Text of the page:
Middle East

Jeffrey Sachs on the Middle East

A couple of recent articles by Jeffrey D. Sachs on the Middle East caught my eye

He makes the point that the west has to allow Islamists to participate in government. I agree and I think there is an increasing acceptance of that. He claims that the US was complicit in the the toppling of the Muslim Brotherhood president Mohamed Morsi in Egypt in 2013 but provides no details. Any political settlement in both Syria and Libya will certainly include plenty of Islamists.

There is of course the standard line about how bad it was to remove the Saddam regime in Iraq and what a terrible mess it has created. However, I think the bottom line is that no kind of democratic political change was possible in the Middle East without the removal of that regime. Saddam would have exploited the necessary instability of the process. Furthermore, the regime in Iraq is a vast improvement on Saddam’s fascist tyranny based on minority Sunni dominance, and it has prospects for improvement whereas the previous regime did not.

Sachs bemoans the fact that the Syrian civil war has caused so much death and misery, and lead to the rise of Daesh (ISIS). However, only military means could remove the hated Assad regime that responded to peaceful protests with gunfire. The civil war would have been less bloody and generally less horrific if external powers had intervened earlier to both assist the opposition forces to overthrow Assad and to oversee the transition to a democratic regime. I don’t know how much intervention was needed. Maybe it would have required the US to overcome its war weariness and/or Europe to get over its general pacifism. Obama who has a low threshold in such matters certainly thought too much effort would have been required. Hilary Clinton as Secretary of State certainly thought more could have been done to support the kind of forces that will be part of the eventual political solution.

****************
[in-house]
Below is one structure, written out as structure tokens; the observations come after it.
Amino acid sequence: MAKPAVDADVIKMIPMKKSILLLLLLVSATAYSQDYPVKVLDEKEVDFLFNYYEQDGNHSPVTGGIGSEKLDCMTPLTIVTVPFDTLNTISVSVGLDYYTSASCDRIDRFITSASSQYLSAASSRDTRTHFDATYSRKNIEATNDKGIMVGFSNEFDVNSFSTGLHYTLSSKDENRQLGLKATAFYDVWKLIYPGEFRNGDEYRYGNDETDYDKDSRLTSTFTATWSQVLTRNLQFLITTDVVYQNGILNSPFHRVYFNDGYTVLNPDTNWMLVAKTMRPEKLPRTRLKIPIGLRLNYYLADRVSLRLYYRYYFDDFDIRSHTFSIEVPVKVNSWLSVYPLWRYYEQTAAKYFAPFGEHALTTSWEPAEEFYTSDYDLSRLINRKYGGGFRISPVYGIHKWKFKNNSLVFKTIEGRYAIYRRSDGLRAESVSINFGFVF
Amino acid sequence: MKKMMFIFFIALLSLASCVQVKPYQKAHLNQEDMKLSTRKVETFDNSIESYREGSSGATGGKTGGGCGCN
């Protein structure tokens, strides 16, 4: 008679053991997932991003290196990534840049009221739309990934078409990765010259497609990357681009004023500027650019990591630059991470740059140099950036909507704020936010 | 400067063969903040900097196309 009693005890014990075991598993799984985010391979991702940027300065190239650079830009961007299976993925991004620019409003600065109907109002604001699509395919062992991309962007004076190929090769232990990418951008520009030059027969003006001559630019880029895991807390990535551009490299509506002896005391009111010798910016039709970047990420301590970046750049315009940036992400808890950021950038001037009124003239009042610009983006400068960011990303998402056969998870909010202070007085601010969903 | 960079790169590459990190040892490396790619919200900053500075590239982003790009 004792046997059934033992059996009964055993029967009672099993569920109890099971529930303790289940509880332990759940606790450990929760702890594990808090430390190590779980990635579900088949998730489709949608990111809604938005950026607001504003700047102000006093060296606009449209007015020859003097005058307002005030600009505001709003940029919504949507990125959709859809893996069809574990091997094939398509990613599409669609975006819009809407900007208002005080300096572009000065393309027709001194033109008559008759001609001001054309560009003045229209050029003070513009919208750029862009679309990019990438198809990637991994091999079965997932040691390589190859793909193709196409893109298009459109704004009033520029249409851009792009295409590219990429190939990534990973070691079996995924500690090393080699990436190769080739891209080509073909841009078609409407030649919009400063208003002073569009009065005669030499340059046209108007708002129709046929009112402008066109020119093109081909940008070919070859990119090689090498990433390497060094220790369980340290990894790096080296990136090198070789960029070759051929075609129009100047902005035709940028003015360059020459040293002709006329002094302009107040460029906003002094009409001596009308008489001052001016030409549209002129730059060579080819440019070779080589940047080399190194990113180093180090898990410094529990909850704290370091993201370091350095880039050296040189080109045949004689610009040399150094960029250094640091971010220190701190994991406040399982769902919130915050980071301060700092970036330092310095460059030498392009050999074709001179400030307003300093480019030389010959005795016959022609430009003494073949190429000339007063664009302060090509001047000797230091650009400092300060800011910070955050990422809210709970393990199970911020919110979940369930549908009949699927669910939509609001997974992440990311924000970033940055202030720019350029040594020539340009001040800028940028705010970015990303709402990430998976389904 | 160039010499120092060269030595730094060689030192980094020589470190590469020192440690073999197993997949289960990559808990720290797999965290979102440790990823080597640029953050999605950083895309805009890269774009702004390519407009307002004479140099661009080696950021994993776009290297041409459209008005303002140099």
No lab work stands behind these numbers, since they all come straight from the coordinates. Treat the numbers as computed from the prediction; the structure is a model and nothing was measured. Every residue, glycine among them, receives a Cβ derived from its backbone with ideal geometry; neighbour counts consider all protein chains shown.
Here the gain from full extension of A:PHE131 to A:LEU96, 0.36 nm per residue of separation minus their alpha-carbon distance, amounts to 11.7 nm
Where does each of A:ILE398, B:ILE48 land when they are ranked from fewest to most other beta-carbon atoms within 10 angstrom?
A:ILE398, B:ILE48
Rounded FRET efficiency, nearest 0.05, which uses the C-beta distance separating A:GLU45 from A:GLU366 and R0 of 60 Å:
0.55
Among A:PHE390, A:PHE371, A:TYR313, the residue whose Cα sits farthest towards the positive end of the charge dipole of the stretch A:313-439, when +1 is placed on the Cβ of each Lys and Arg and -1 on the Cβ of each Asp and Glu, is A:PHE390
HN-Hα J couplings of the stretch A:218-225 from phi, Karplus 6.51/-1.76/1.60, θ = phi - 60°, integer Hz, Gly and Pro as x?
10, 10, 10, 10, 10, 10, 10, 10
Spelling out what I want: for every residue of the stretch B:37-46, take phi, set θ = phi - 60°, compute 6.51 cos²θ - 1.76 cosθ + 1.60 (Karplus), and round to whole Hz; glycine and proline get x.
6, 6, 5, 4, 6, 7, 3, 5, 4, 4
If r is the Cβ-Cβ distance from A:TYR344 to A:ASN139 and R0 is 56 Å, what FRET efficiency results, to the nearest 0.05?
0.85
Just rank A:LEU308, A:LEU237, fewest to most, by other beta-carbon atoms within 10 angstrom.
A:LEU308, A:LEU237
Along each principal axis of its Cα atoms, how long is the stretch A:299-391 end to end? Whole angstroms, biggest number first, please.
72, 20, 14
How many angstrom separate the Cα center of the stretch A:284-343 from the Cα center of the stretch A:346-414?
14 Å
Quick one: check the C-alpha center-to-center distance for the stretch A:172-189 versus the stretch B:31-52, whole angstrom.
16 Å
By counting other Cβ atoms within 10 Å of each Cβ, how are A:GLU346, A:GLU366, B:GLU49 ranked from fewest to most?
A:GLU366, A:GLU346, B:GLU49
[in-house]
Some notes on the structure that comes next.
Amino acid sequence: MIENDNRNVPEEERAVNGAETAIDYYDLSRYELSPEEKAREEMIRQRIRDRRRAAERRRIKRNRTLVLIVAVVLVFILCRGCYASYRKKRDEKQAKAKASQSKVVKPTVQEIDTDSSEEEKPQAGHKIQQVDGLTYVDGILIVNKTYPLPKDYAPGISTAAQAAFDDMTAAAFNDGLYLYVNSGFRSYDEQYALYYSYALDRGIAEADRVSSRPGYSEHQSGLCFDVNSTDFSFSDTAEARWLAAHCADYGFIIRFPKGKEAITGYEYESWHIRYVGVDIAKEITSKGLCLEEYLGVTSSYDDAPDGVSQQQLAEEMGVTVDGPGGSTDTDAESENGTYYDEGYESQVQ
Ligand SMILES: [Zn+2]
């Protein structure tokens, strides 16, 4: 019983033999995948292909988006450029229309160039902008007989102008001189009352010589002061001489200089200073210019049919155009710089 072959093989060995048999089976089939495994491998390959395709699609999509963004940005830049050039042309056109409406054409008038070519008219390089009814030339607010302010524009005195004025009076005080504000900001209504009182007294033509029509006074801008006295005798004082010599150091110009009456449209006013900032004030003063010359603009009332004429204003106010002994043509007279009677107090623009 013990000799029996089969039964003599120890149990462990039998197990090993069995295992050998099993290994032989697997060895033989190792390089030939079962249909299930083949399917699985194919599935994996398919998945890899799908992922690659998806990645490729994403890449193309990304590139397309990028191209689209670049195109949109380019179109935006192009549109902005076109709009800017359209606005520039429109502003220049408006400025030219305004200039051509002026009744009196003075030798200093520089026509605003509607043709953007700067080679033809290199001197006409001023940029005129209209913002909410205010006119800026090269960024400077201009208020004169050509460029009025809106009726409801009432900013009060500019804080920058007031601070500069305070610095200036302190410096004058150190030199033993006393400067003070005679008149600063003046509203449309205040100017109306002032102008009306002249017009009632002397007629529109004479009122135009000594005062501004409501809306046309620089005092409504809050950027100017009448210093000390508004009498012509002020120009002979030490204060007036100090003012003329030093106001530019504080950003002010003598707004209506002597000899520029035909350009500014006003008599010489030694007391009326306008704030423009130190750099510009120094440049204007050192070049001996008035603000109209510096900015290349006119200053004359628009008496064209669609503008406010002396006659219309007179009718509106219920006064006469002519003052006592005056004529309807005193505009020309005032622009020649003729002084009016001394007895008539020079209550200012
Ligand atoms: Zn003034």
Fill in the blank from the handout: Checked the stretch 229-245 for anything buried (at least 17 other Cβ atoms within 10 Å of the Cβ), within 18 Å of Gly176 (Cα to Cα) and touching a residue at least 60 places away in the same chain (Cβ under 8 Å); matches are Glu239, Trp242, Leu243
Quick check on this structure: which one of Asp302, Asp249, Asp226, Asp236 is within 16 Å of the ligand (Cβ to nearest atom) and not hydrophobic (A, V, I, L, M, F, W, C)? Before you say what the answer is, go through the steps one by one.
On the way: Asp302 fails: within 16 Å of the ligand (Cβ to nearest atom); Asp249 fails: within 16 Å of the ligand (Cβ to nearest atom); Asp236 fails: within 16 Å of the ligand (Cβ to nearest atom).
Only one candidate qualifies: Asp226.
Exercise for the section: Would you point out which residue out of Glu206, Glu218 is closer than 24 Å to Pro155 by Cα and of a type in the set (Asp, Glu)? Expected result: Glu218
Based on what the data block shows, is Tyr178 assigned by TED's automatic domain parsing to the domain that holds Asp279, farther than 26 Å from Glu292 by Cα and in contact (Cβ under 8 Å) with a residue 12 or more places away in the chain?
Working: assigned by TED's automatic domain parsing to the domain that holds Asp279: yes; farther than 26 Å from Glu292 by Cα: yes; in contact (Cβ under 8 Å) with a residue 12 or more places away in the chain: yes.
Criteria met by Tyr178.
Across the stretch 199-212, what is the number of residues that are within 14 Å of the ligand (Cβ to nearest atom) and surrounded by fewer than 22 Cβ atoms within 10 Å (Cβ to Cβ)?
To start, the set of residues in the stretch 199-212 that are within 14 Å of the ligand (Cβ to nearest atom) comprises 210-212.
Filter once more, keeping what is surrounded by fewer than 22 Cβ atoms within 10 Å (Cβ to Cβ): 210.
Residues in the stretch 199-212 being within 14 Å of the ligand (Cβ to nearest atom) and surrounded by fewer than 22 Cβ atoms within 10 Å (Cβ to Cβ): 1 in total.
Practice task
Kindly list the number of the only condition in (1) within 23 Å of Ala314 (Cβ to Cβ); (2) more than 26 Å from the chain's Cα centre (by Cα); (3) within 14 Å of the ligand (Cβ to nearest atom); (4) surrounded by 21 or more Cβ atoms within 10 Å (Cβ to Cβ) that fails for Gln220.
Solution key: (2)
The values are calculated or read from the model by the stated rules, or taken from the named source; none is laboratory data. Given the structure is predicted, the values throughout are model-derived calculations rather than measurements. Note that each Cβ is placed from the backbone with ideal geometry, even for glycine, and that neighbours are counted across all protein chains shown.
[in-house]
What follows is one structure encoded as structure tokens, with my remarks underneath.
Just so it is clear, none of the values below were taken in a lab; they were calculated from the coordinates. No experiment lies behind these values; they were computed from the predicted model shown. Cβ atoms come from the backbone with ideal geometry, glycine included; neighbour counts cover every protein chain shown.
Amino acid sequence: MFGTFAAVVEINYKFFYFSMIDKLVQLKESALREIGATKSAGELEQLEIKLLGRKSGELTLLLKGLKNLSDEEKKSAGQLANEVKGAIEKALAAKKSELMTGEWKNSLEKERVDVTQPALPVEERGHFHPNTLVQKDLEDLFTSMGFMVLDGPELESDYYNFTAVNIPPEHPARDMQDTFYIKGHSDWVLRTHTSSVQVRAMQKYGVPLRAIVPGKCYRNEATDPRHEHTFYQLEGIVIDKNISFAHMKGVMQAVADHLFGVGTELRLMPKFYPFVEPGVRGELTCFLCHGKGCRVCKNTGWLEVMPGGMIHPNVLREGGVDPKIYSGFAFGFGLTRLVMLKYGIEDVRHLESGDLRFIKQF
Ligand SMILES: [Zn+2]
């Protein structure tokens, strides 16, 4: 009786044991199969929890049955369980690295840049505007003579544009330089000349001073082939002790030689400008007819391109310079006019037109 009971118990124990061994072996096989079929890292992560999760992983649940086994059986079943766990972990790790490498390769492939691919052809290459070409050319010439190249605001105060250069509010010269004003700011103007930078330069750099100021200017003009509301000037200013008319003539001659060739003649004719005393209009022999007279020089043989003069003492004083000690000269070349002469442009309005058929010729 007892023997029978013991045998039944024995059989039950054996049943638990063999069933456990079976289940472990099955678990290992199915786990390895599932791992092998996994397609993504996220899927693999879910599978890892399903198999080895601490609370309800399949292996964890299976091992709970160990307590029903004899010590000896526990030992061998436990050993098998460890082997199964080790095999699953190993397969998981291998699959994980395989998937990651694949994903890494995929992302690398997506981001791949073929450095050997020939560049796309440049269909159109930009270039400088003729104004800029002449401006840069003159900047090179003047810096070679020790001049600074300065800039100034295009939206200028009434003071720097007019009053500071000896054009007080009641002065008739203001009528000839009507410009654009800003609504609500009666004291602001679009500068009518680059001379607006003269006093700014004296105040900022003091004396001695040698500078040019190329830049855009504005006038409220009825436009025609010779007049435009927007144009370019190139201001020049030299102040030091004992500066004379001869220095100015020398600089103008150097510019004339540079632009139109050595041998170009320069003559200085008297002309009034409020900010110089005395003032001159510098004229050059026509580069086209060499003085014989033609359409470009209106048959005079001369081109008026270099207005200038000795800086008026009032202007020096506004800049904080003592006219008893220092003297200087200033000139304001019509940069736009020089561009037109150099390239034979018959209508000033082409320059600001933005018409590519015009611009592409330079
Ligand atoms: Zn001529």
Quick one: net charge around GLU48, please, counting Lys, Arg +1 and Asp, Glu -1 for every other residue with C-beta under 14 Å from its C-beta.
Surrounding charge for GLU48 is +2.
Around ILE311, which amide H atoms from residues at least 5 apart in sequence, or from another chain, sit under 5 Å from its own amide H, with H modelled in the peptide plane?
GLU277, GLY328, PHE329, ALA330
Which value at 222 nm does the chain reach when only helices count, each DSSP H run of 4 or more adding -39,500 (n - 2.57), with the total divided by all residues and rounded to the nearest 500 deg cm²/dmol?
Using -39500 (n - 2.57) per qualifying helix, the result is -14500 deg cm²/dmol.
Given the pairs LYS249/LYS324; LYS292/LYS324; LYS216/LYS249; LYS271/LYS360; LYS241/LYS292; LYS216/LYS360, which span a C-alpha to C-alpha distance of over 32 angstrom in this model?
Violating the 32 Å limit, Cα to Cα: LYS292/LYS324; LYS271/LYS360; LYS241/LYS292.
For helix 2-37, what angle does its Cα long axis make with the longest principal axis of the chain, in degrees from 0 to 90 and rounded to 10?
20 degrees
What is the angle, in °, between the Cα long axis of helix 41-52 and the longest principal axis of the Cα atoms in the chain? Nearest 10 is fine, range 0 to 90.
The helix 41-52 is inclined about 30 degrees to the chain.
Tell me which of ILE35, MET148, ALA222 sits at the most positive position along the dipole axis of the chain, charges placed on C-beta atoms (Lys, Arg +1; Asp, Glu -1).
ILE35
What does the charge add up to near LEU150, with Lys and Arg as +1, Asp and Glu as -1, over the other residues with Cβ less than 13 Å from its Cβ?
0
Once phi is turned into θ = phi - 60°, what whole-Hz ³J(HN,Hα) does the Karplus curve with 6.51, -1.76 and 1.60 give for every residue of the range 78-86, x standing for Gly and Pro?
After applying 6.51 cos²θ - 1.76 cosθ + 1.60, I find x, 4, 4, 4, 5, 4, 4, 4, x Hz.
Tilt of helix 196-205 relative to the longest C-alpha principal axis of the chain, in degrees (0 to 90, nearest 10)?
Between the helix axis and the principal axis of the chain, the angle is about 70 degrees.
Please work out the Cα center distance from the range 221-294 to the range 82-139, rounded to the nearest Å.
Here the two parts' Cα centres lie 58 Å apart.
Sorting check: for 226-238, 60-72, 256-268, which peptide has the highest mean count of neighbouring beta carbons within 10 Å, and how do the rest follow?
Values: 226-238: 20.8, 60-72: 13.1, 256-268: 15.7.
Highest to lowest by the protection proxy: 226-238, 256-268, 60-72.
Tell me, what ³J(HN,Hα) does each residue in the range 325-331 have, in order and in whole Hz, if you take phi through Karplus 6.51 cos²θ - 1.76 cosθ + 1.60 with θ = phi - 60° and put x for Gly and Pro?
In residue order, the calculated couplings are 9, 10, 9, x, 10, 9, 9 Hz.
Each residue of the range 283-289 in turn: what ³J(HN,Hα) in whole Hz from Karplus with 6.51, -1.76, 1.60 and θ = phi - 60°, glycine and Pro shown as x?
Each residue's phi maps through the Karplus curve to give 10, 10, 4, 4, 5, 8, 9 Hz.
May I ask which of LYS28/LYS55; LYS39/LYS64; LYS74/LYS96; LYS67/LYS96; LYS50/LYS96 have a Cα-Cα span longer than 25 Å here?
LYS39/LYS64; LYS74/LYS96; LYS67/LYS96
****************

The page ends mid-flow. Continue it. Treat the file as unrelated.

Sachs raves on about the importance of doing things through the UN Security Council. But action in that arena until recently was impossible given Russia obstruction. That only changed when Russia and Iran realized that the Assad regime was unsalvageable.

It appears we are about to see a cease fire between the Assad regime and the non-Daesh opposition. This will be followed by some kind of political process that establishes a democratic government. There will be no place of course for those who have been the key players in the Assad regime. The whole purpose of the civil war is to get rid of that tyrannical and murderous lot. The next stage is the serious business of mobilizing internal and external forces to destroy Daesh. Part of that should be the recruitment of young Syrian refugees. Many already have military training and these could train the others. The less reliance on forces from places like Saudi Arabia and Egypt the better.

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